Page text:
View Article and Find Full Text PDF

Download full-text PDF

Source
http://dx.doi.org/10.1371/journal.pgen.1008358DOI Listing
http://www.ncbi.nlm.nih.gov/pmc/articles/PMC6762065PMC
September 2019

gapFinisher: A reliable gap filling pipeline for SSPACE-LongRead scaffolder output.

PLoS One 2019 9;14(9):e0216885. Epub 2019 Sep 9.

DNA Sequencing and Genomics Laboratory, Institute of Biotechnology, University of Helsinki, Helsinki, Finland.

Unknown sequences, or gaps, are present in many published genomes across public databases. Gap filling is an important finishing step in de novo genome assembly, especially in large genomes. The gap filling problem is nontrivial and while there are many computational tools partially solving the problem, several have shortcomings as to the reliability and correctness of the output, i.e. the gap filled draft genome. SSPACE-LongRead is a scaffolding tool that utilizes long reads from multiple third-generation sequencing platforms in finding links between contigs and combining them. The long reads potentially contain sequence information to fill the gaps created in the scaffolding, but SSPACE-LongRead currently lacks this functionality. We present an automated pipeline called gapFinisher to process SSPACE-LongRead output to fill gaps after the scaffolding. gapFinisher is based on the controlled use of a previously published gap filling tool FGAP and works on all standard Linux/UNIX command lines. We compare the performance of gapFinisher against two other published gap filling tools PBJelly and GMcloser. We conclude that gapFinisher can fill gaps in draft genomes quickly and reliably. In addition, the serial design of gapFinisher makes it scale well from prokaryote genomes to larger genomes with no increase in the computational footprint.
View Article and Find Full Text PDF

Download full-text PDF

Source
http://journals.plos.org/plosone/article?id=10.1371/journal.pone.0216885PLOS
http://www.ncbi.nlm.nih.gov/pmc/articles/PMC6733440PMC
March 2020

Cloning of novel bacterial xylanases from lignocellulose-enriched compost metagenomic libraries.

AMB Express 2019 Aug 5;9(1):124. Epub 2019 Aug 5.

VTT Technical Research Centre of Finland, P.O. Box 1000, 02044, Vuorimiehentie, Espoo, Finland.

Xylanases are in important class of industrial enzymes that are essential for the complete hydrolysis of lignocellulosic biomass into fermentable sugars. In the present study, we report the cloning of novel xylanases with interesting properties from compost metagenomics libraries. Controlled composting of lignocellulosic materials was used to enrich the microbial population in lignocellulolytic organisms. DNA extracted from the compost samples was used to construct metagenomics libraries, which were screened for xylanase activity. In total, 40 clones exhibiting xylanase activity were identified and the thermostability of the discovered xylanases was assayed directly from the library clones. Five genes, including one belonging to the more rare family GH8, were selected for subcloning and the enzymes were expressed in recombinant form in E. coli. Preliminary characterization of the metagenome-derived xylanases revealed interesting properties of the novel enzymes, such as high thermostability and specific activity, and differences in hydrolysis profiles. One enzyme was found to perform better than a standard Trichoderma reesei xylanase in the hydrolysis of lignocellulose at elevated temperatures.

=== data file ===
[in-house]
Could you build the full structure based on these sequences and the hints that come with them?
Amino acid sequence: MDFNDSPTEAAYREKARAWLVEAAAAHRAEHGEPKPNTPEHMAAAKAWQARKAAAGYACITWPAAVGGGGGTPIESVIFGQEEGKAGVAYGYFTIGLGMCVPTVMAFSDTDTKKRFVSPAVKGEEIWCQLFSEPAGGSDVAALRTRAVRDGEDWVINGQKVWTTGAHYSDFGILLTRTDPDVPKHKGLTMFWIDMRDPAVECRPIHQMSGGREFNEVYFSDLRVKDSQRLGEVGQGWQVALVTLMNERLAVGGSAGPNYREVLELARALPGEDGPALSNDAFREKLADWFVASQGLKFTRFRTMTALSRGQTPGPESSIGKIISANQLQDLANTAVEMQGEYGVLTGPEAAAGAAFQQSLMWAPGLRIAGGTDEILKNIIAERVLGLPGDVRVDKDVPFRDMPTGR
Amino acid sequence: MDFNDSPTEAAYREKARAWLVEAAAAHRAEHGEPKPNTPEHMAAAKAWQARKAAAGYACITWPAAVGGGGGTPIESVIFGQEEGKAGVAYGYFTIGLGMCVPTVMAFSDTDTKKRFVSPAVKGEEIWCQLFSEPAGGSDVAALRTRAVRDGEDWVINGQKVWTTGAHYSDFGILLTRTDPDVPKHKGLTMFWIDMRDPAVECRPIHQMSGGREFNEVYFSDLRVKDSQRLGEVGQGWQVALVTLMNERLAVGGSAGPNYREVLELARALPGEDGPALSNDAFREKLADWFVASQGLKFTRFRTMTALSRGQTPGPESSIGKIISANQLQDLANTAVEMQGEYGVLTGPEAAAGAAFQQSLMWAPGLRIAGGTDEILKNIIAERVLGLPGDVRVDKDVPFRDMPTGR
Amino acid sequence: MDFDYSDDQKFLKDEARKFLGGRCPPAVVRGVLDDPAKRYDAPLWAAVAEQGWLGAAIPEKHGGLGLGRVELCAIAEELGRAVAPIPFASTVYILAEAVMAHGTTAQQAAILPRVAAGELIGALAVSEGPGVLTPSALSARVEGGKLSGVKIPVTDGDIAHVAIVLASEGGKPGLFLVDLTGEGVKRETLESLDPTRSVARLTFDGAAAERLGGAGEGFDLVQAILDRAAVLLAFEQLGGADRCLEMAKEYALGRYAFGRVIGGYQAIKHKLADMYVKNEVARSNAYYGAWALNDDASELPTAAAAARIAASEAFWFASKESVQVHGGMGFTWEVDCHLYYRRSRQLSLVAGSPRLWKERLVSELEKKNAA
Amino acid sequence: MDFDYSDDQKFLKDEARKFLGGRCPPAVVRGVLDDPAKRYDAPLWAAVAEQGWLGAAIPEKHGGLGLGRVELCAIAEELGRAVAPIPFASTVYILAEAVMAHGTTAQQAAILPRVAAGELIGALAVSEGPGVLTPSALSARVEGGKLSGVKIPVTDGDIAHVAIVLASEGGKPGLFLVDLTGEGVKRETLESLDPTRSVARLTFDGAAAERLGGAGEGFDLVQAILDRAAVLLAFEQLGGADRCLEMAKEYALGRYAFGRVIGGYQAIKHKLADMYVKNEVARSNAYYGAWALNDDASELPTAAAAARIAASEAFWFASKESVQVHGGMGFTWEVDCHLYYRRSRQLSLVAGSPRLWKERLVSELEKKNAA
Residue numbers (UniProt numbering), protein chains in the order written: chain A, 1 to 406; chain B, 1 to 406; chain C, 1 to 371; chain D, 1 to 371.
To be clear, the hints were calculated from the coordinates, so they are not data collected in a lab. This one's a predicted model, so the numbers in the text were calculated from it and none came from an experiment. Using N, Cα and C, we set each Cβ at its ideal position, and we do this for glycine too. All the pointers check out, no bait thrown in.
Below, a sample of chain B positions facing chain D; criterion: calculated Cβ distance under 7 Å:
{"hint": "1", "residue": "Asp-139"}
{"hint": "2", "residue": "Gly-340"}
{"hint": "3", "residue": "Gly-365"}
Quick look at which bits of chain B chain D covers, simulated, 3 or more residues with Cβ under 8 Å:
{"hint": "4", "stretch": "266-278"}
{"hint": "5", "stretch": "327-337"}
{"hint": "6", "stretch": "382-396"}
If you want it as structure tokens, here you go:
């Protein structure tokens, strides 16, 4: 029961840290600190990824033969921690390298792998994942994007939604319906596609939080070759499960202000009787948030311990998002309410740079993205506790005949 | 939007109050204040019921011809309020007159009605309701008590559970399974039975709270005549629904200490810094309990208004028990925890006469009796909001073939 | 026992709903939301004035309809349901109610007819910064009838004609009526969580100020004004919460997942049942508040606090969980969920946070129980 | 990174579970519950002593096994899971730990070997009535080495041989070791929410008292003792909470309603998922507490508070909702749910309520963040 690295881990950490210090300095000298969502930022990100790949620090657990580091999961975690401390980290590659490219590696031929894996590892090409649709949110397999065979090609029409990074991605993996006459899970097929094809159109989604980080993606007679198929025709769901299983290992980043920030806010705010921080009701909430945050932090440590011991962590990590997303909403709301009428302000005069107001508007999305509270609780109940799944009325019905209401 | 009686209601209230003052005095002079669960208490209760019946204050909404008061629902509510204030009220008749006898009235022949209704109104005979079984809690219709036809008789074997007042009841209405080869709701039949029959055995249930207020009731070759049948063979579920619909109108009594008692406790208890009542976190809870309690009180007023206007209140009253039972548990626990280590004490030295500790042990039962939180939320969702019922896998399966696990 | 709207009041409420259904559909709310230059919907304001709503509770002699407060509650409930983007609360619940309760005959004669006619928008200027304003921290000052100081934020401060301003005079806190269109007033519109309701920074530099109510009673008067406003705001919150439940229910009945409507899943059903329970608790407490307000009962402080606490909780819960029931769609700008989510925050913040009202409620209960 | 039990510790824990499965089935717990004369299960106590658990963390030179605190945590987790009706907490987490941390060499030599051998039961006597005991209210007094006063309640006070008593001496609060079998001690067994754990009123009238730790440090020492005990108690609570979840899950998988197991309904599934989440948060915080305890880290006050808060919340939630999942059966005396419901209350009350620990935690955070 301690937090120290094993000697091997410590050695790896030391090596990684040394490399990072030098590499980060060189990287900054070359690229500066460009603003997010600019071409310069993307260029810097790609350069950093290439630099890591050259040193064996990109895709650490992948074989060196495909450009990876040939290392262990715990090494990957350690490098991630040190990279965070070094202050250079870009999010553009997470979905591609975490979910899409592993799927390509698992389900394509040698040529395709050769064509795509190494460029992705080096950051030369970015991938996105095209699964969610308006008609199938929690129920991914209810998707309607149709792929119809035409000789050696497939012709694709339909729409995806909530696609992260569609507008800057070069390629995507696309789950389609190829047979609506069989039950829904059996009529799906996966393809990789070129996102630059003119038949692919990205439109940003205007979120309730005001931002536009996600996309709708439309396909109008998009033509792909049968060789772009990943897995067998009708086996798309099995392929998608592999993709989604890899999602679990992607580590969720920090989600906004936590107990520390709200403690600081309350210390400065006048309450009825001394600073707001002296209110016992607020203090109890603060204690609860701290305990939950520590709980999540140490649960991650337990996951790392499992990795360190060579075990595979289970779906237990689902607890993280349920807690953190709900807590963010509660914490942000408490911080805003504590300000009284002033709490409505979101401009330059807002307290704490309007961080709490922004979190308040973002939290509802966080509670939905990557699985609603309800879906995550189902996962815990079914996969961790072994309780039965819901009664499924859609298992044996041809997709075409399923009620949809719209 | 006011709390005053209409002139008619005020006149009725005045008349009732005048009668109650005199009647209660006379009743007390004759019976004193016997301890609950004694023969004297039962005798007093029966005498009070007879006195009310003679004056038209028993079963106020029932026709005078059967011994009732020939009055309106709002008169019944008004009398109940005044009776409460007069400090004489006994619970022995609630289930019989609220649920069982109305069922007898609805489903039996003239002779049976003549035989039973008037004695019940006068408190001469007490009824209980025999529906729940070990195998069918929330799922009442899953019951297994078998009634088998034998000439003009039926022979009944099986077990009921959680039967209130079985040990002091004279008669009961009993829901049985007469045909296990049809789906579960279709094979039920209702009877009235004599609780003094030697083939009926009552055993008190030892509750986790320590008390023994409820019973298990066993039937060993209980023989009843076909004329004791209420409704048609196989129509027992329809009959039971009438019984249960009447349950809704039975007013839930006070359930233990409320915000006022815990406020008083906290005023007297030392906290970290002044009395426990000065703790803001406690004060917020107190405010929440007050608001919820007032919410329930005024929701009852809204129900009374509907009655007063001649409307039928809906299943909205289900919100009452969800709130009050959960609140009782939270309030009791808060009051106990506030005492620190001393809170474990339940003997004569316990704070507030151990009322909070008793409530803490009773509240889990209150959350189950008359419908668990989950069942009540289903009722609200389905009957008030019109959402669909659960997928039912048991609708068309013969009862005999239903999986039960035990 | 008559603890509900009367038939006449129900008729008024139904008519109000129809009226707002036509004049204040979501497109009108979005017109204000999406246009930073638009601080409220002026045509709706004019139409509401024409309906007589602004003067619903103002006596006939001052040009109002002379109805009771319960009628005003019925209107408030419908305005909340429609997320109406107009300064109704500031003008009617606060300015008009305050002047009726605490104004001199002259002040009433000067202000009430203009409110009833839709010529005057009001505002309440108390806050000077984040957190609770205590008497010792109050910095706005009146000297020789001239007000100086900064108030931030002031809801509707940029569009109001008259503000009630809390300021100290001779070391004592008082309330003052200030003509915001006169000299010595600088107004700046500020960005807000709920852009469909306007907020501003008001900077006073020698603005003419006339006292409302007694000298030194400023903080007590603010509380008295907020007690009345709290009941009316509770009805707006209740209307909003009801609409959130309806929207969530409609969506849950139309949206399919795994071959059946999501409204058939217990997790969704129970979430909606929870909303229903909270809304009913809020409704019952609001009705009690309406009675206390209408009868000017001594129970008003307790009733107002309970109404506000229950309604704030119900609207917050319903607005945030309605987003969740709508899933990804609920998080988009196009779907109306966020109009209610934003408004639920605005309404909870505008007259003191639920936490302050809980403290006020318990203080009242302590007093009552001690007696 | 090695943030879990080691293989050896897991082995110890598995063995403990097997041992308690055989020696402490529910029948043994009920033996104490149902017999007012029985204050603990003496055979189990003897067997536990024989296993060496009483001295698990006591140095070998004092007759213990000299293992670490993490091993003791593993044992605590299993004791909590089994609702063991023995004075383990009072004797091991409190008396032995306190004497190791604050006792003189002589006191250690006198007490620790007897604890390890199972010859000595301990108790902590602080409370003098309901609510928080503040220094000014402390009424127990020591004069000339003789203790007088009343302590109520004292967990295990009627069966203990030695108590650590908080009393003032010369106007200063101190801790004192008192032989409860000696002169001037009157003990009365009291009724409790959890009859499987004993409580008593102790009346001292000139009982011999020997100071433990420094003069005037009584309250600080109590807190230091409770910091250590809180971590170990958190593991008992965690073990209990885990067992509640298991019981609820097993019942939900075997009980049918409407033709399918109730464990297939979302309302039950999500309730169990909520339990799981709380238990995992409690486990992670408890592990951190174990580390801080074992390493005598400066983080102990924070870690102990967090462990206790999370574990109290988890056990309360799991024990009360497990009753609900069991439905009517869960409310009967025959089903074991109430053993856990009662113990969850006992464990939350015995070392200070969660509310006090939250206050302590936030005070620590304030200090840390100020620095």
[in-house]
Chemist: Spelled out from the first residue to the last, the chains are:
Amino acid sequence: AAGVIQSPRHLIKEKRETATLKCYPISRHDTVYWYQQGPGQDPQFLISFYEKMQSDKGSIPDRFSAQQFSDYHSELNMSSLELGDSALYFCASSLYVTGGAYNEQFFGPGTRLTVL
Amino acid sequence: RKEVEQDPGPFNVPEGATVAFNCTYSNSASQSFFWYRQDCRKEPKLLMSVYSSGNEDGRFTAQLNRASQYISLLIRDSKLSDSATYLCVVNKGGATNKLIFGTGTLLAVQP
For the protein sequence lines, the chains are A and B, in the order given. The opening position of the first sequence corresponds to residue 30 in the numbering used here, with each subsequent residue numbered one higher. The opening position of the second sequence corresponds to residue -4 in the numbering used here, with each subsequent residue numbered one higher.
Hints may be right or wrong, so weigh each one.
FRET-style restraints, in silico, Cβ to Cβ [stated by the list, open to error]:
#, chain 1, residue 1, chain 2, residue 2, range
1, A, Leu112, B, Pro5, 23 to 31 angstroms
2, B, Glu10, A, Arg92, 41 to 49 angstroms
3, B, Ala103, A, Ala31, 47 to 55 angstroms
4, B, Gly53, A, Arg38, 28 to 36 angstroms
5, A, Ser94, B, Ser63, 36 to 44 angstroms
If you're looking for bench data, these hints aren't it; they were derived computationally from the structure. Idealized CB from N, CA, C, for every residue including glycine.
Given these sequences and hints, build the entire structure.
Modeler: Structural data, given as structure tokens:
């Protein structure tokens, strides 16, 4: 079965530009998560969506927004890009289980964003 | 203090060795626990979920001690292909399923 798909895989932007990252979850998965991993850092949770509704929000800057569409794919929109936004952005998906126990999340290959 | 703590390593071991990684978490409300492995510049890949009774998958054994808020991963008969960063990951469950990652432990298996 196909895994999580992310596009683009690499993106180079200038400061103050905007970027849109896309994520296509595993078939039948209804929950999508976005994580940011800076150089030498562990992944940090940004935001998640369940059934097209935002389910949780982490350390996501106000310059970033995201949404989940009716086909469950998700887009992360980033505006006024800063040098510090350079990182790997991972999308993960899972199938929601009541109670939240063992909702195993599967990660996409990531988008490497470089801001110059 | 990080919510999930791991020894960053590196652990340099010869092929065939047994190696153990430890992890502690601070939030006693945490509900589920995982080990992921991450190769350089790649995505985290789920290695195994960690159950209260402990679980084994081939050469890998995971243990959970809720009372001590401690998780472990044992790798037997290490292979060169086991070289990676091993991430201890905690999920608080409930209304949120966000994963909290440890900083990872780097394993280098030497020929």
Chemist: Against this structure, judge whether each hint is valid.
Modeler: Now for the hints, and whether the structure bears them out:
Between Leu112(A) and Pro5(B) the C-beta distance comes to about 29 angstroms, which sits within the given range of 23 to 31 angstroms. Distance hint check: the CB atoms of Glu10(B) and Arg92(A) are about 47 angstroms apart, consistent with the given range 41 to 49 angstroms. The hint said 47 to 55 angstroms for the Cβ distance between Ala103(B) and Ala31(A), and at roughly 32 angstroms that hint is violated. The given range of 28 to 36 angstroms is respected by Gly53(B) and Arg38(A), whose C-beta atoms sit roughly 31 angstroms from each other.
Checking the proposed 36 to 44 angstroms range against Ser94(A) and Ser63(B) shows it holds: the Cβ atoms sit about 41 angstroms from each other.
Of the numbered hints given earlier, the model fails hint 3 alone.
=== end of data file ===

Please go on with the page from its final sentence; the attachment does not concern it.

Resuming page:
View Article and Find Full Text PDF

Download full-text PDF

Source
http://dx.doi.org/10.1186/s13568-019-0847-9DOI Listing
http://www.ncbi.nlm.nih.gov/pmc/articles/PMC6682842PMC
August 2019

Phenotypic effects of dietary stress in combination with a respiratory chain bypass in mice.

Physiol Rep 2019 08;7(13):e14159

Faculty of Medicine and Health Technology, Tampere University, Tampere, Finland.

The alternative oxidase (AOX) from Ciona intestinalis was previously shown to be expressible in mice and to cause no physiological disturbance under unstressed conditions. Because AOX is known to become activated under some metabolic stress conditions, resulting in altered energy balance, we studied its effects in mice subjected to dietary stress. Wild-type mice (Mus musculus, strain C57BL/6JOlaHsd) fed a high-fat or ketogenic (high-fat, low-carbohydrate) diet show weight gain with increased fat mass, as well as loss of performance, compared with chow-fed animals. Unexpectedly, AOX-expressing mice fed on these metabolically stressful, fat-rich diets showed almost indistinguishable patterns of weight gain and altered body composition as control animals. Cardiac performance was impaired to a similar extent by ketogenic diet in AOX mice as in nontransgenic littermates. AOX and control animals fed on ketogenic diet both showed wide variance in weight gain. Analysis of the gut microbiome in stool revealed a strong correlation with diet, rather than with genotype. The microbiome of the most and least obese outliers reared on the ketogenic diet showed no consistent trends compared with animals of normal body weight. We conclude that AOX expression in mice does not modify physiological responses to extreme diets.
View Article and Find Full Text PDF

Download full-text PDF

Source
http://dx.doi.org/10.14814/phy2.14159DOI Listing
http://www.ncbi.nlm.nih.gov/pmc/articles/PMC6606514PMC
August 2019

Gut microbiota in Parkinson's disease: Temporal stability and relations to disease progression.

EBioMedicine 2019 Jun 18;44:691-707. Epub 2019 Jun 18.